Pumping insulin is a great way to keep your blood glucose levels under control, but it’s not without its challenges. Like any other piece of technology, an insulin pump has to be taken care of. And like any other medication, there are things you can do to make it last longer and work better. In this article, you will learn some simple ways you can extend the life of your insulin pump and keep it running smoothly:
Keep the insulin pump out of hot places
Avoid keeping your pump in direct sunlight for long periods of time. You also don’t want to leave it in the car or anywhere else that might get hot. Finally, don’t leave your pump in the back pocket of your pants. This can affect its performance and potentially lead to a dangerous situation if you hit a bump while wearing them.
Dry the tubing properly
The best way to dry your pump is with a hair dryer. The light, warm air will help dry the tubing faster than anything else. Don’t use a heat gun or microwave because they can damage the plastic and cause it to break. Also, don’t use a hairdryer on the highest setting—it may burn through the tubing too quickly and damage your pump.
Use the proper cleaning supplies
You should clean your insulin pump at least once a week. Tandem Diabetes’ experts recommend, “You should use soap and water as long as it’s body-friendly and not perfumed, or you can use rubbing alcohol if you prefer.” Alcohol is also great for cleaning up spills on your skin, but don’t use it to clean the pump—it could damage the tubing and internal parts of the device.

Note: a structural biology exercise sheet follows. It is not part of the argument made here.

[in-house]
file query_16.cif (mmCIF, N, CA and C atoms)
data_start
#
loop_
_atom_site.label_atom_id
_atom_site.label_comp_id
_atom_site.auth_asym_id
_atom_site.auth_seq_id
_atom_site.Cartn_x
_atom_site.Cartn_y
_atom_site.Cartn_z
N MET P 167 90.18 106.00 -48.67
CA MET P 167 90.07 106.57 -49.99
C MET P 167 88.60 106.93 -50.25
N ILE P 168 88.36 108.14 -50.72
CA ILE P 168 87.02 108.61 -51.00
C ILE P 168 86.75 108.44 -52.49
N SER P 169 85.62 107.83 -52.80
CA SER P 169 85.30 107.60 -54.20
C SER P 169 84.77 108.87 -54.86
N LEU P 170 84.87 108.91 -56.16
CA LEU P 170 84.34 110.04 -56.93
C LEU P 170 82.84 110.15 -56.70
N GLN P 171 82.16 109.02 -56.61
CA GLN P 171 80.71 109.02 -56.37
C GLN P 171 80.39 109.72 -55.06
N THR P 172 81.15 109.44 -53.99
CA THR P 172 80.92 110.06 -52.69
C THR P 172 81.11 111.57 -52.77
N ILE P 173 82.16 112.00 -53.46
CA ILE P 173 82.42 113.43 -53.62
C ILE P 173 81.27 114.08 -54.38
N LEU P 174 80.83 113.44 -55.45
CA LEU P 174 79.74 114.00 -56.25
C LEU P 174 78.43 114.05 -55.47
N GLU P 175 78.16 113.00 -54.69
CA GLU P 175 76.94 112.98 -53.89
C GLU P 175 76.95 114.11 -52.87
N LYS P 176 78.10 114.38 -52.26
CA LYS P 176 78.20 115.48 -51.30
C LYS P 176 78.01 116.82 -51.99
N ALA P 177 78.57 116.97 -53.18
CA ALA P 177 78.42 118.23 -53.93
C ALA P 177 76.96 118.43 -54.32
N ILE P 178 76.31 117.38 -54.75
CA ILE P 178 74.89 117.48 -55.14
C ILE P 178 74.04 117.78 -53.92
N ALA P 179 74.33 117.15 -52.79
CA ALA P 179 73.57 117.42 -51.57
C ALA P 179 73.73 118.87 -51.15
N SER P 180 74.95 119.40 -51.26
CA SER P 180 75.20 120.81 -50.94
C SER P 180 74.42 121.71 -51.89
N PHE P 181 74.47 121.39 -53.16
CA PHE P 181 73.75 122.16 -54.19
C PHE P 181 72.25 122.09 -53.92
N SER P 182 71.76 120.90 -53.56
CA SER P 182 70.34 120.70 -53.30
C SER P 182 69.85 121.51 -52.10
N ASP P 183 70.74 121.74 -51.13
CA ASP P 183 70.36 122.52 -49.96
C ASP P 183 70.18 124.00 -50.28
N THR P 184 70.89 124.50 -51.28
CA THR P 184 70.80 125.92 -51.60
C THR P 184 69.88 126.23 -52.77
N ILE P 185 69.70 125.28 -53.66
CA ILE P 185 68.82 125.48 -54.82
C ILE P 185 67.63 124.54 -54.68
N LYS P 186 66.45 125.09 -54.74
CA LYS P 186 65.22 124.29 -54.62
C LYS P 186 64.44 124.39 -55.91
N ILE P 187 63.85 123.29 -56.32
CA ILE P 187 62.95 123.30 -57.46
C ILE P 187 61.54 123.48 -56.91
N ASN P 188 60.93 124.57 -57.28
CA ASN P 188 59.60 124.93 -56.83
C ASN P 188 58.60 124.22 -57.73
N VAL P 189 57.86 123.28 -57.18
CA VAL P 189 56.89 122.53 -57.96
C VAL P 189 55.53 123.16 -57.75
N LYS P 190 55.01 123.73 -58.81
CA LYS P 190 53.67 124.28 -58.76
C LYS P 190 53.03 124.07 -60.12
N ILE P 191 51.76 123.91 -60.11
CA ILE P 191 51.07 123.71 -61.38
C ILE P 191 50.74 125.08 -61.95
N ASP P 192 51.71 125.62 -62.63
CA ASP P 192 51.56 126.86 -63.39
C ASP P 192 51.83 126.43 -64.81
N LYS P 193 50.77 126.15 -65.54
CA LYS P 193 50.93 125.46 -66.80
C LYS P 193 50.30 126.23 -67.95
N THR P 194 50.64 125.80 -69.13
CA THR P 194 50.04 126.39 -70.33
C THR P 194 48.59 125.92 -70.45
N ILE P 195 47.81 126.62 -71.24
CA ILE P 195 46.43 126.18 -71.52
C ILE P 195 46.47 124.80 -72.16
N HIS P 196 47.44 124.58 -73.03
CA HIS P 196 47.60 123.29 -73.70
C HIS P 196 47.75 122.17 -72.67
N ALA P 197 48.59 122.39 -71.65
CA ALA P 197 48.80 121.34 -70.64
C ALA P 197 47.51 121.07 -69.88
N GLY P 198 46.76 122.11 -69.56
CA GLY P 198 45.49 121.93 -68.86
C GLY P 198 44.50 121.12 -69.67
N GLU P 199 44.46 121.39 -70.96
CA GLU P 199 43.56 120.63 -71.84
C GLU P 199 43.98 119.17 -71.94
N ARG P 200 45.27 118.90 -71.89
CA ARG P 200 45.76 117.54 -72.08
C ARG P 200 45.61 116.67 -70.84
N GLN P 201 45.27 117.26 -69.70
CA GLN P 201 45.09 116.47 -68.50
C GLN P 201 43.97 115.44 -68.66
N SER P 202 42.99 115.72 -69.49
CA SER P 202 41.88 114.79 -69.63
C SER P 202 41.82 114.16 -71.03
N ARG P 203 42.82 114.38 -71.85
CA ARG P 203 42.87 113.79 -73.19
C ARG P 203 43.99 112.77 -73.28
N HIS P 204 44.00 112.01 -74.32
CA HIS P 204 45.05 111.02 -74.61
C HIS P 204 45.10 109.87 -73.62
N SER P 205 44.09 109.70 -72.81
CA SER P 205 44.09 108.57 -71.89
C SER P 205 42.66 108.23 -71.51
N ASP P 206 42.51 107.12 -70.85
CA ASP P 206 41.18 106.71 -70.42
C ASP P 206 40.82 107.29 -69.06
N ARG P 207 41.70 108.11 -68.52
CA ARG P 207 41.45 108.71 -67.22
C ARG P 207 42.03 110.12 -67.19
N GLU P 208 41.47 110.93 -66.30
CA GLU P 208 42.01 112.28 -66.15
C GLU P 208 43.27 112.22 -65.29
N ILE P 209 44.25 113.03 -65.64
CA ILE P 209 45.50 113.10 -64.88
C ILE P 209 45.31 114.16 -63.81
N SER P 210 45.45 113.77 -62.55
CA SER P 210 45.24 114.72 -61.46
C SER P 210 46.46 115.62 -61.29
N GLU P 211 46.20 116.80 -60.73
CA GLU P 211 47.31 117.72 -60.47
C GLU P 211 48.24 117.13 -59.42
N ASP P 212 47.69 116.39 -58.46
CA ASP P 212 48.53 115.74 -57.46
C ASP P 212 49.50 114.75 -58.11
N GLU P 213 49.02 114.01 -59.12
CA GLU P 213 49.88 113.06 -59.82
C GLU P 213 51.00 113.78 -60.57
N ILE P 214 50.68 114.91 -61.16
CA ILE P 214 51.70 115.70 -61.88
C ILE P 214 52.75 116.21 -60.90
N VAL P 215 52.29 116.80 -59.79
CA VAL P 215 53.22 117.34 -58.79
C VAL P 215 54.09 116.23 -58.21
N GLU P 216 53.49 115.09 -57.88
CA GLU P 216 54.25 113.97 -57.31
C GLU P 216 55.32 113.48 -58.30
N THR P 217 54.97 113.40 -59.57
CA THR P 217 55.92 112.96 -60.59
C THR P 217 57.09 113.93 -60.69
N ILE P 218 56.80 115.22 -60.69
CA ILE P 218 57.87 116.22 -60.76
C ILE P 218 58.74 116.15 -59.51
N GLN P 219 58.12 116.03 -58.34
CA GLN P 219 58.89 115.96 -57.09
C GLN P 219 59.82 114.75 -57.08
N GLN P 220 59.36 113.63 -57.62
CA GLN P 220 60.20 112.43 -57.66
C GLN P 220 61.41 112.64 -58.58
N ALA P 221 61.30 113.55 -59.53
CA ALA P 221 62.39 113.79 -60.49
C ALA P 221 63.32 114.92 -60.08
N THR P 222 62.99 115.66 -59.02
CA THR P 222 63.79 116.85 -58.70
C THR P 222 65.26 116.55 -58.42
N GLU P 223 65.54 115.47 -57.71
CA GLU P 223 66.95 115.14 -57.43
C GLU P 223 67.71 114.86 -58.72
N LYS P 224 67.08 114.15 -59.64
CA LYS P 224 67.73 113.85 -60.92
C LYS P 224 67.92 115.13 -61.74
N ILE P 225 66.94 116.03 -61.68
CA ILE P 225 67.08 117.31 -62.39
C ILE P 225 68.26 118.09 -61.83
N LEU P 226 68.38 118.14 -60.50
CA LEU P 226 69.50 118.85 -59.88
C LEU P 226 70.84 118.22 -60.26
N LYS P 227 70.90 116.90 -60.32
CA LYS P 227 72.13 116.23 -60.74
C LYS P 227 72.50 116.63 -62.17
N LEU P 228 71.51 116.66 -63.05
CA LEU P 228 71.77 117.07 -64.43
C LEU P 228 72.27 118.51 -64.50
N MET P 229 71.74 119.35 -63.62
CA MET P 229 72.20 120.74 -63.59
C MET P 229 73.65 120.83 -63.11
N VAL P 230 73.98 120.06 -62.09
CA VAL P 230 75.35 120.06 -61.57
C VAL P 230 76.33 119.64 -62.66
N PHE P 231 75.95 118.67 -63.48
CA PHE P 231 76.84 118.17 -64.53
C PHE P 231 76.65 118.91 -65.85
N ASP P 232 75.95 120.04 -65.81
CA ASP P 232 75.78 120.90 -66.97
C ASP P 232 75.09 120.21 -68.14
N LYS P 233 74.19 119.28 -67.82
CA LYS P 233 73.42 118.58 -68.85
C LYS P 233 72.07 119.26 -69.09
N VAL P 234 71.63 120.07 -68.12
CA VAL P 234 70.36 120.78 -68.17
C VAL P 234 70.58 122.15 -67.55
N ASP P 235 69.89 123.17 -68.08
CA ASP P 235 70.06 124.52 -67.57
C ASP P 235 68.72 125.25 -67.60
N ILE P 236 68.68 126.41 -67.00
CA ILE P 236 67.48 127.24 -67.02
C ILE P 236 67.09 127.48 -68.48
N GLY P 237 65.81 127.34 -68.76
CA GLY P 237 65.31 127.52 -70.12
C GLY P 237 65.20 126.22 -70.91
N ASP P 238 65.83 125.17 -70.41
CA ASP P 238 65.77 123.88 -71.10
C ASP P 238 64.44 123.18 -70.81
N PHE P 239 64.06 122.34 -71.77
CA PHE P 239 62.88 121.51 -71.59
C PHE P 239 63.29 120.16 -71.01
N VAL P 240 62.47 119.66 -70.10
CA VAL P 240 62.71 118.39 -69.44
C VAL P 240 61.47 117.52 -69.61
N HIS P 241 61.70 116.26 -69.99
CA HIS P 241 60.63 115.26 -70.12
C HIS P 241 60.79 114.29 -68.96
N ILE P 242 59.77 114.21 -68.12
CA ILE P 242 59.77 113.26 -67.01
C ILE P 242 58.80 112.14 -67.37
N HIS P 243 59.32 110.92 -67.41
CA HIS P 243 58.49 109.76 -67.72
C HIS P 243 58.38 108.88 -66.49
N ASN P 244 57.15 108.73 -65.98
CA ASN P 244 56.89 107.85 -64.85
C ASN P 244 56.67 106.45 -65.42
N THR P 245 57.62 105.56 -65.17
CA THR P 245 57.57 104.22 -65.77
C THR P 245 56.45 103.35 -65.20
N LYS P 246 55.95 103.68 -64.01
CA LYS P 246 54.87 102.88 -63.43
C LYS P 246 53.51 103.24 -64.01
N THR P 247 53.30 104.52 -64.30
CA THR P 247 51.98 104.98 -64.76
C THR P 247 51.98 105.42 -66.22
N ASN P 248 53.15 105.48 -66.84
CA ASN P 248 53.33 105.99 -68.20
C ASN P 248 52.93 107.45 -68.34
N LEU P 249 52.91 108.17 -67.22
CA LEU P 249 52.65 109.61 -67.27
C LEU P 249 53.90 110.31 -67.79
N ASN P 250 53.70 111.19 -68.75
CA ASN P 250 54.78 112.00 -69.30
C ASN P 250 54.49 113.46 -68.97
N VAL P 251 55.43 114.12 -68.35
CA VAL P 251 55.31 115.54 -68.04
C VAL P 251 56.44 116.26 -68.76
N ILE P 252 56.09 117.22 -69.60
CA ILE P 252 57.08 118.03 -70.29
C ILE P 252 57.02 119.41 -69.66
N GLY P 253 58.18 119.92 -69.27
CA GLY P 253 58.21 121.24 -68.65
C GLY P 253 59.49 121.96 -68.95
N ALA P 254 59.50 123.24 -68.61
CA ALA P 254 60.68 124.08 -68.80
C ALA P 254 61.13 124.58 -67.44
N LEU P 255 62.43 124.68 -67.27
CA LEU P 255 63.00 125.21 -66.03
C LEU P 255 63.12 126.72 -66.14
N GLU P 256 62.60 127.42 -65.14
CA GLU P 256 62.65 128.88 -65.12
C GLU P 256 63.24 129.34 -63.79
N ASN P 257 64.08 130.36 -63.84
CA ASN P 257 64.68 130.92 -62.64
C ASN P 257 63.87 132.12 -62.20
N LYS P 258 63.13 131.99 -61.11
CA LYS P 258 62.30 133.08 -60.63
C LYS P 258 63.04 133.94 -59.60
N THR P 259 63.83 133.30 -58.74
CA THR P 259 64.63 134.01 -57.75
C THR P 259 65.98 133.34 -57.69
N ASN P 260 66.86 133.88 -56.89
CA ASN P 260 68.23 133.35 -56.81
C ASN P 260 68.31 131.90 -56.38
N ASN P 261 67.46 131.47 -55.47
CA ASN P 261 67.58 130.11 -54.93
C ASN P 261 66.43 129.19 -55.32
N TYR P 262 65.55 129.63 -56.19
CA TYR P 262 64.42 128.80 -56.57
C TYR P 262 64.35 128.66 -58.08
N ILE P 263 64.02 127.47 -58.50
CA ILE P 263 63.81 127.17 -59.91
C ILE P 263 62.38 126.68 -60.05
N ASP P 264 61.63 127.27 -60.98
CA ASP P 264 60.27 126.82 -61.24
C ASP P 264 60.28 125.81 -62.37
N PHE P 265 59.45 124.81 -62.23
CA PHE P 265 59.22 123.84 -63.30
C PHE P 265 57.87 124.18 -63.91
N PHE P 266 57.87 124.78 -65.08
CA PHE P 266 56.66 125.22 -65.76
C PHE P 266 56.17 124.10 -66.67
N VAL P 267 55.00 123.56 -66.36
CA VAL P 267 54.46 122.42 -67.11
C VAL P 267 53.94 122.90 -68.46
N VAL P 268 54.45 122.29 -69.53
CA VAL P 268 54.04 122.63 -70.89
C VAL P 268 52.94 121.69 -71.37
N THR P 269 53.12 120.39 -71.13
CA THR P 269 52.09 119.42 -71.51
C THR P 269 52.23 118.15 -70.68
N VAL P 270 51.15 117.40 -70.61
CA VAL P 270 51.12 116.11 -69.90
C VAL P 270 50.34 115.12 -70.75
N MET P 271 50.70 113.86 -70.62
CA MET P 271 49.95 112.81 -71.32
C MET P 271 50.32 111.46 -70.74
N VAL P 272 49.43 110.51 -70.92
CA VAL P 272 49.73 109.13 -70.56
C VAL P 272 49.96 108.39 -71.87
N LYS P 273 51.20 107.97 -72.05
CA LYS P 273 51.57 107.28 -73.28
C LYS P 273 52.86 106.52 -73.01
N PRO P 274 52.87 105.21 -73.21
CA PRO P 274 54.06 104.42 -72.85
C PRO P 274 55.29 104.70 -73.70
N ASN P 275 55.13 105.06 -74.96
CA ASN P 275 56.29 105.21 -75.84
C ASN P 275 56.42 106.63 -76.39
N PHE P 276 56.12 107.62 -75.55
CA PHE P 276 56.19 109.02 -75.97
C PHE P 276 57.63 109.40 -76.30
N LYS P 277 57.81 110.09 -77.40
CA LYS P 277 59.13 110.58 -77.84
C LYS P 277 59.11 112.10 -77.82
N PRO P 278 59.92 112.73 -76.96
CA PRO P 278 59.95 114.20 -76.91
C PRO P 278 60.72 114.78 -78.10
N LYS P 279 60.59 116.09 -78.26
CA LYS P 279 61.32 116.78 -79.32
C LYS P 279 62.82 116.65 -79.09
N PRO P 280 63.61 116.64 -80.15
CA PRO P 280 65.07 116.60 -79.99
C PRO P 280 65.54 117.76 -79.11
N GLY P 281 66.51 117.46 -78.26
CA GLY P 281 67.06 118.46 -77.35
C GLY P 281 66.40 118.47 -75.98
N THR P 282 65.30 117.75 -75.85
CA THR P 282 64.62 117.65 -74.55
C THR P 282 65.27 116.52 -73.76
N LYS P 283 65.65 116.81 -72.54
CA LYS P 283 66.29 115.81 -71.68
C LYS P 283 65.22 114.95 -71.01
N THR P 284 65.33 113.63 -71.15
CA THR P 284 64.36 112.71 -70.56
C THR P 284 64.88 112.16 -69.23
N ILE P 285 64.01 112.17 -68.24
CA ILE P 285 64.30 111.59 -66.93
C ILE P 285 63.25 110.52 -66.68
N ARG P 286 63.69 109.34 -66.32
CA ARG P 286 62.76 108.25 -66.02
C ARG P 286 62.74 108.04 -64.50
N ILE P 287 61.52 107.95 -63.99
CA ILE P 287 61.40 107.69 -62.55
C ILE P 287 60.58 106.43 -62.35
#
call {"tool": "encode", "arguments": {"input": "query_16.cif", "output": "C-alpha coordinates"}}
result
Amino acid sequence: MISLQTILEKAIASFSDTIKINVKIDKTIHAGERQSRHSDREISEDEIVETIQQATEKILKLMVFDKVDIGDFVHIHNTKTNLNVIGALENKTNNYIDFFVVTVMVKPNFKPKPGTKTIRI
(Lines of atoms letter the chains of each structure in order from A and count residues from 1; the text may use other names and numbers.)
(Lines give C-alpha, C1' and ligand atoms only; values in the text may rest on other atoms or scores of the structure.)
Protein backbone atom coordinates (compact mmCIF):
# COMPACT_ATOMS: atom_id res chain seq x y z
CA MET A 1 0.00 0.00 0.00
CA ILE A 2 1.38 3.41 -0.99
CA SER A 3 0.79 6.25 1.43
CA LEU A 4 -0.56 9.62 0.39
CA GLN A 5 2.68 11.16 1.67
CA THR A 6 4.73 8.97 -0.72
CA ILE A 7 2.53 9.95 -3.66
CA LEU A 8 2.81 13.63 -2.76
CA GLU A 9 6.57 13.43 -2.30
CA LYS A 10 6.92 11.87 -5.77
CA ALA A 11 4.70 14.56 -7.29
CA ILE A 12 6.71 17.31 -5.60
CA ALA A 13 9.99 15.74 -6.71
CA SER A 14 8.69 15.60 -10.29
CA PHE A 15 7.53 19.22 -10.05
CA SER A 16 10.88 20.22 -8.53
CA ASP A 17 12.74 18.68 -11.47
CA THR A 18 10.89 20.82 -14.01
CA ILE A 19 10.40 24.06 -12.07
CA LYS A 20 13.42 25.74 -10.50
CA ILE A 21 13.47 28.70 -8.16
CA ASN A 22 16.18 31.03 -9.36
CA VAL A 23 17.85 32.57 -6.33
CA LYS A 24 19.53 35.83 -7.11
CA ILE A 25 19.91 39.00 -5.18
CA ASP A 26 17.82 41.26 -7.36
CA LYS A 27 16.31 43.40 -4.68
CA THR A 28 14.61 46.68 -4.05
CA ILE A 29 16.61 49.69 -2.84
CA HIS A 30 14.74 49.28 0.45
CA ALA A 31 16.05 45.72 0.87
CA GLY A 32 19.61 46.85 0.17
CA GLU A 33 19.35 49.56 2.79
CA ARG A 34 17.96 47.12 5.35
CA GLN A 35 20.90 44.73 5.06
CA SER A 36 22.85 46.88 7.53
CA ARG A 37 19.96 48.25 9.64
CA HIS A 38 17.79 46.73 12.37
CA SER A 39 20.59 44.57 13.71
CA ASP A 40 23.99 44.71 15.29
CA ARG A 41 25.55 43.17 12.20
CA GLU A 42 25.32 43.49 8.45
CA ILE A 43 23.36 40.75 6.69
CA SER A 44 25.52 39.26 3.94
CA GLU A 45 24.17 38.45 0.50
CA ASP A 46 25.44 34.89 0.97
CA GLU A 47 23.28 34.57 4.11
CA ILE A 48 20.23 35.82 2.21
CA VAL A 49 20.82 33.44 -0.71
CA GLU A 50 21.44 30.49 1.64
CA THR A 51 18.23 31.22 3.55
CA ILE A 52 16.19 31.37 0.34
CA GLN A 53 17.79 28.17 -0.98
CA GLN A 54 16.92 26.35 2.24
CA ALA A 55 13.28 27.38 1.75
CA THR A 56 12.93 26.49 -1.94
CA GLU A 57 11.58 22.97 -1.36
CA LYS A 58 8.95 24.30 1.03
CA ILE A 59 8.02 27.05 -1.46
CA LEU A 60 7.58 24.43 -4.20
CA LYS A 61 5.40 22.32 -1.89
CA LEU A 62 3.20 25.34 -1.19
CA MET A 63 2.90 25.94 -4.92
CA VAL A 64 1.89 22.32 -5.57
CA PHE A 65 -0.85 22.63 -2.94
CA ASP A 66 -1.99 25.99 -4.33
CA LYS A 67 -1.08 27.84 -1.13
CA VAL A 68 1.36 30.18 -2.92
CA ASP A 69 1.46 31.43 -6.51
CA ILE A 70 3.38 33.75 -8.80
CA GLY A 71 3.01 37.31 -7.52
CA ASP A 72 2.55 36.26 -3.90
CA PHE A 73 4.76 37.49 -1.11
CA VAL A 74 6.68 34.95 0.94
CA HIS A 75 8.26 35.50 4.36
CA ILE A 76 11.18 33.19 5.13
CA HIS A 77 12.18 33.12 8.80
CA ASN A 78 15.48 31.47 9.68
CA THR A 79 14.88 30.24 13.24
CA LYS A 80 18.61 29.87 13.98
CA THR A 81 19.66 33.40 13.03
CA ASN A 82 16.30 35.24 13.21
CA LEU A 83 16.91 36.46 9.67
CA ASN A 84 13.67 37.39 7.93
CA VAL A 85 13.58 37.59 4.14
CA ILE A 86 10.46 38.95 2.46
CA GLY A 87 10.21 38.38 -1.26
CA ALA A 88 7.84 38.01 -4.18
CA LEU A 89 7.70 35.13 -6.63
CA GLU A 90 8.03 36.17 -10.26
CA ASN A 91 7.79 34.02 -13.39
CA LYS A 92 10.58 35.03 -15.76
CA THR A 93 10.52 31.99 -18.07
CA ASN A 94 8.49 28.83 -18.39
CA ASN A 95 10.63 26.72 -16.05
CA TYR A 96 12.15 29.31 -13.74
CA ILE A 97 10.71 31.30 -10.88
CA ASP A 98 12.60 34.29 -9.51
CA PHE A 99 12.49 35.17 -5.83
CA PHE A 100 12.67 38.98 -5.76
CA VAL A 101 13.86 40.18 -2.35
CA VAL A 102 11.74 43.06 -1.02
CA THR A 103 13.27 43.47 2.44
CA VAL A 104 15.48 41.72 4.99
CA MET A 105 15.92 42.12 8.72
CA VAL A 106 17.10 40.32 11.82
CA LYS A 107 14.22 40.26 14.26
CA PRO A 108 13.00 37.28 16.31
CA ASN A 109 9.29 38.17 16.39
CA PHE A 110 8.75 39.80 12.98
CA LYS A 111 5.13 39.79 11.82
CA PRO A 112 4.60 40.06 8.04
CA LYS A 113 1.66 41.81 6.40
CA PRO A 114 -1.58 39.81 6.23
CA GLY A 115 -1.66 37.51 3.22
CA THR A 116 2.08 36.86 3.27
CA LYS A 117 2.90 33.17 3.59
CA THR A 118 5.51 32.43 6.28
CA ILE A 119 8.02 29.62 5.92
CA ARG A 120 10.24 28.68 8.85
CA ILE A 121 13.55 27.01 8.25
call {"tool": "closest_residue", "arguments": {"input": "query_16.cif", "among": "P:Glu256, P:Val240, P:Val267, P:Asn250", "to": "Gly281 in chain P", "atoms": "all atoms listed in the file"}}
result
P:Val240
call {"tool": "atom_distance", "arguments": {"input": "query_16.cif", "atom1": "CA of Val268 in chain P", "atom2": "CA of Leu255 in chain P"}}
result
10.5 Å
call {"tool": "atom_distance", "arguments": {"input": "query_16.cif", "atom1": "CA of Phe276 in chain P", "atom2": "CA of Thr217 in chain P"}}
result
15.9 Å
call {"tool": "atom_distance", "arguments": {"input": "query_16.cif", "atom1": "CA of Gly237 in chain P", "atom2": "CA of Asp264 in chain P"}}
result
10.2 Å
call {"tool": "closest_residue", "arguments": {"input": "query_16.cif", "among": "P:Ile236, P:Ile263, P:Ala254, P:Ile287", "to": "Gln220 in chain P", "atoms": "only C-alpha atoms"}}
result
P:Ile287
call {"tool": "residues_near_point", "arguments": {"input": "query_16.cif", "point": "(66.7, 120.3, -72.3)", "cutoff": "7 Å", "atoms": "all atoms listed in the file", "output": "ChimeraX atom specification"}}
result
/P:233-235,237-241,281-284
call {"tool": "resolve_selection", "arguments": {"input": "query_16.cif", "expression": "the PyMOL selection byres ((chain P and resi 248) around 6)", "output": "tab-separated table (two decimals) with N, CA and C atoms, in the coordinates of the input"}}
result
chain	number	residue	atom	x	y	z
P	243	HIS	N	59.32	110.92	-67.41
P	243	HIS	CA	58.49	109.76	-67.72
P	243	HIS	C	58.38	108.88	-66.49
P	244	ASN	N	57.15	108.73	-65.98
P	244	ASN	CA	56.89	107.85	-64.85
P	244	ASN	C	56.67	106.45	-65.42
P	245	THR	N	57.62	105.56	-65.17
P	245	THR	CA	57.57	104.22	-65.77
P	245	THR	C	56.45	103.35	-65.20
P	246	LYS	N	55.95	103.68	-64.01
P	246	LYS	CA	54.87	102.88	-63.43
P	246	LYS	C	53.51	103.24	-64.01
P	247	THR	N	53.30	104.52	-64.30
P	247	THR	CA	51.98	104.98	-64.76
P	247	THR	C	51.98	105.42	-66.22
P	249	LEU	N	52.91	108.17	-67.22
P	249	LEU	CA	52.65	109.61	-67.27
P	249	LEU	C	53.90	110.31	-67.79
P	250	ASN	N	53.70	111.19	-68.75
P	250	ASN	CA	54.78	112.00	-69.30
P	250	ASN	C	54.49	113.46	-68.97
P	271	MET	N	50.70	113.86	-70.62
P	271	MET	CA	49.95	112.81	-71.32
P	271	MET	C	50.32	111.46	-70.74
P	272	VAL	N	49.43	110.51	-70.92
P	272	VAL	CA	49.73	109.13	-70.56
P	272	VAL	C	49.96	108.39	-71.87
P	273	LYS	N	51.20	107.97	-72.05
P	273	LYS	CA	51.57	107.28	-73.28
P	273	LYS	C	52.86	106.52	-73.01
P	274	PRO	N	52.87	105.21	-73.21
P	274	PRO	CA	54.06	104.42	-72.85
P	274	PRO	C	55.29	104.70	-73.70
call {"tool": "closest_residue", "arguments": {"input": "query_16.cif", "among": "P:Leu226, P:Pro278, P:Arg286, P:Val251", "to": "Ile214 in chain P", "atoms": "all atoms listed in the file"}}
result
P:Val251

If you want to follow best practices when handling your device, don’t use any substances other than those above-mentioned: no alcohol (including rubbing alcohol), bleach, household cleaners or anything else that could damage your pump’s components or cause bacterial growth inside its reservoirs.
Keep your insulin pump safe and sound
Here is how you can keep your insulin safe and sound:
- Don’t leave it in the car. The inside of a parked car can get hot enough to cause your pump to overheat, so make sure that you don’t leave it in the vehicle when it’s not being used.
- Don’t let it get too cold. If you’re going to be outside for long periods of time or going camping, make sure that you keep your insulin pump warm enough by putting it in a pocket or pouch with some heat pads, taking along an extra battery pack and charging cable if needed, etc.
- Don’t let someone else borrow yours without asking first! It may seem like an innocent mistake at first (like forgetting they just borrowed yours), but because there have been cases where people have taken advantage of others’ medical devices before or, even worse, stolen them outright, never let anyone borrow anything from you unless they ask first!
Insulin pumps are the most convenient way to deliver insulin. However, they are subject to wear and tear, which means you will have to replace them occasionally from insulin pump suppliers. It’s important that you know when it’s time to upgrade your device—and what steps you can take beforehand to make sure it runs smoothly for as long as possible.